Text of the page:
Baa’leh (purslane) is a secret herb of Lebanese cuisine. Its “meaty” leaves, “iron-y” taste, and dark green color make it very special.
Purslane is a common vegetable in Lebanon. The leaves of the purslane are used in the famous peasant salad -‘fatoush’.
Red Bean Stew is a Friday favorite; it can be prepared in advance and served at room temperature. It is best eaten with scallions, radishes, and a green salad.
If the south has a lighter, sweeter version in mujadra safra, the north has it at the opposite end of the spectrum, dark and thick! The Northern Lebanese version of mujadara is made with red beans instead of lentils and coarse bulgur instead of rice.
Meghli is the “newborn” sweet. Whenever a mother gives birth, meghli is the first thing to prepare at home to offer to family and guests. And since Christmas is about a newborn, too, meghli is served as a Christmas dessert in the mountains.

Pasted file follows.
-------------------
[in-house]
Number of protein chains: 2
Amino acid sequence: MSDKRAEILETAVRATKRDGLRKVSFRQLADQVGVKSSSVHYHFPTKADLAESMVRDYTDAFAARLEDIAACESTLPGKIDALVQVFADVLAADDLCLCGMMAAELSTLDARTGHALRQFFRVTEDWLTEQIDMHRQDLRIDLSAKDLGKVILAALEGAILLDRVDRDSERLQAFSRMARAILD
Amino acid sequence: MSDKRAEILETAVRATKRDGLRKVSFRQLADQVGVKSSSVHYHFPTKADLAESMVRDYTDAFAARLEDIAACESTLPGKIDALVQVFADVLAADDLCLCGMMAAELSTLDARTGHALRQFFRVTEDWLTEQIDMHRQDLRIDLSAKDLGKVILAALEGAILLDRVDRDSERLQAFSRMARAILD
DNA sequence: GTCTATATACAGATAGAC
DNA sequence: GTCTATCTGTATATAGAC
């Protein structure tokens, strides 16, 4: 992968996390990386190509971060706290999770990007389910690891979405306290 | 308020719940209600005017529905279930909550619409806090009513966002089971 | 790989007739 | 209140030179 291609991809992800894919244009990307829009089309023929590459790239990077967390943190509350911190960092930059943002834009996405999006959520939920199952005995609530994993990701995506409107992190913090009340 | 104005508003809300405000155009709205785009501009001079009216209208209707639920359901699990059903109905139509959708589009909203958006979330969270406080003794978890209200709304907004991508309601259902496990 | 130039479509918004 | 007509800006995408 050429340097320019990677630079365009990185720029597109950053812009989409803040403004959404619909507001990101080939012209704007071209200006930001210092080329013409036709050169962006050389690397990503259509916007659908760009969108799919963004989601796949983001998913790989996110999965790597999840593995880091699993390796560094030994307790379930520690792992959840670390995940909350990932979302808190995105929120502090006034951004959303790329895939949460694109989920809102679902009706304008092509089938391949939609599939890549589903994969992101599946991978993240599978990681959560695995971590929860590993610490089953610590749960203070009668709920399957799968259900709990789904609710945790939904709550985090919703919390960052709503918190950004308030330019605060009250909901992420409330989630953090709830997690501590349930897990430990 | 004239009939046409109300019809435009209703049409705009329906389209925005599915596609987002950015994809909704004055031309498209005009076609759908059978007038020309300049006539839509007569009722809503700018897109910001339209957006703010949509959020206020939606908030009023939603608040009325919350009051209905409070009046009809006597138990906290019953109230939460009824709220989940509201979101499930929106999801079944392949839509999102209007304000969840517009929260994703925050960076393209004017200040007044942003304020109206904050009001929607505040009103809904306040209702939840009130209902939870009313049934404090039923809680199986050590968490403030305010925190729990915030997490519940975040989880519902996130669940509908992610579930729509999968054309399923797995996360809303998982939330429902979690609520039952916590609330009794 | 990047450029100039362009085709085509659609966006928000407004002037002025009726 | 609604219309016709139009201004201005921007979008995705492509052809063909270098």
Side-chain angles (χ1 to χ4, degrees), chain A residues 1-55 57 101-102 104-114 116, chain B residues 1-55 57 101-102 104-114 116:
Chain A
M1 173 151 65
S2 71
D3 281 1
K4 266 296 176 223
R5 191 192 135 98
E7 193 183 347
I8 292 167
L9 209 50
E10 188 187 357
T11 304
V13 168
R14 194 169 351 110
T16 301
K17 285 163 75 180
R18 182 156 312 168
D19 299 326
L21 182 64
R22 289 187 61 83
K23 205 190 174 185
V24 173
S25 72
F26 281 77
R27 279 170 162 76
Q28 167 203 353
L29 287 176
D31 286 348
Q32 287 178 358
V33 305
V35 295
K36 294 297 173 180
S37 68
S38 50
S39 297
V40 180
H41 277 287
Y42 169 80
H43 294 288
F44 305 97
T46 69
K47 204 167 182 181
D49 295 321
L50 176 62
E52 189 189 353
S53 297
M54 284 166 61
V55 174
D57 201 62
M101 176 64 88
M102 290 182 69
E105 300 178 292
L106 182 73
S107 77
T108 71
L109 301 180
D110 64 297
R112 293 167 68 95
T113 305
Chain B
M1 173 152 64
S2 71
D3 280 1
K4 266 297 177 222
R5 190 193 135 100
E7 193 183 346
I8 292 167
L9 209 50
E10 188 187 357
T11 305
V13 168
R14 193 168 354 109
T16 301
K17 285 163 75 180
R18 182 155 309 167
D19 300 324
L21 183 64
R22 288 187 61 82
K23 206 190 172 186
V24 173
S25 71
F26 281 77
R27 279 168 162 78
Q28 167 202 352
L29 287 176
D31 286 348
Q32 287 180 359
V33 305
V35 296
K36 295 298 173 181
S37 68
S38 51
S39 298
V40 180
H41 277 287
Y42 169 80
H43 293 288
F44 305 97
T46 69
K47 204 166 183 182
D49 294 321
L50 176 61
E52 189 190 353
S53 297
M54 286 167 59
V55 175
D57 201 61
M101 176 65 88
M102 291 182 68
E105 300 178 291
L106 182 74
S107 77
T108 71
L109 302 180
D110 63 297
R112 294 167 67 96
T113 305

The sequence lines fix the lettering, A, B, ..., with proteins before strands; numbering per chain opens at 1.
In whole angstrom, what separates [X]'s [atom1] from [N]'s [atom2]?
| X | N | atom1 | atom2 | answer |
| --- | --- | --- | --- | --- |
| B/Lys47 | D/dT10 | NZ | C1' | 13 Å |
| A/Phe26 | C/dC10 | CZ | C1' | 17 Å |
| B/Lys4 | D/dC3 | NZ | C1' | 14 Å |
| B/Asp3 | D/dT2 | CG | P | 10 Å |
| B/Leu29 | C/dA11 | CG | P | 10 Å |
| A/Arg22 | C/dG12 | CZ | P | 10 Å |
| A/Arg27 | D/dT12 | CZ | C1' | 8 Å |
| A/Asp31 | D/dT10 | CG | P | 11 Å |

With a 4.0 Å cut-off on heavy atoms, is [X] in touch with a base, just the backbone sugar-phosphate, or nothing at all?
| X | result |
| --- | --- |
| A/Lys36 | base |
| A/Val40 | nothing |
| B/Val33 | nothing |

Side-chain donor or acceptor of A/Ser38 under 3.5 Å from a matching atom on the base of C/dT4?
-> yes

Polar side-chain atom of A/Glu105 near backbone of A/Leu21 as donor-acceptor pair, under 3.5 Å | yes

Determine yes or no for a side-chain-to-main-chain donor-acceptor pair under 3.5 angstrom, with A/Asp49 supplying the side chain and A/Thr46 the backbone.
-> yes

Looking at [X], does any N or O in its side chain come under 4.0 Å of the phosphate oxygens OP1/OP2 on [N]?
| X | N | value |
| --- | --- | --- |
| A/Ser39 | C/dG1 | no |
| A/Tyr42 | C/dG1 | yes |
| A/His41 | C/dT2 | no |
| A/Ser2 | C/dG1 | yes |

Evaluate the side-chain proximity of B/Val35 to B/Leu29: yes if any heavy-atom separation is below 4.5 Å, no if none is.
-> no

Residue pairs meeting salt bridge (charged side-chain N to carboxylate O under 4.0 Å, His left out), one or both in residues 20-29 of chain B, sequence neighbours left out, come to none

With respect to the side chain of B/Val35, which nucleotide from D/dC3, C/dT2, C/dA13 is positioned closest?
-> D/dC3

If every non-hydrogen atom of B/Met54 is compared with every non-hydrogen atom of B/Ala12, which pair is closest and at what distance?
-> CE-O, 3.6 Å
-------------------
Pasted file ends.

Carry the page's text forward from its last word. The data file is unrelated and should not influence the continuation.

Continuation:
Rishta is a low-fat delicious recipe and is suitable for individuals with elevated blood cholesterol. Region: Aarsal
Chicory was first mentioned on a papyrus 4000 years before Christ. This plant has been shown to improve intestinal microflora and to lower triglycerides in the blood.
Semsemyieh is a typical souk dessert, made of toasted sesame seeds and ground almonds set in a sweet syrup, though it could also be made from chopped cashews, or all almonds, or pistachios.
Shish baraks, resembling ravioli, are enclosed dough with various fillings, such as minced meat or a mixture of plants.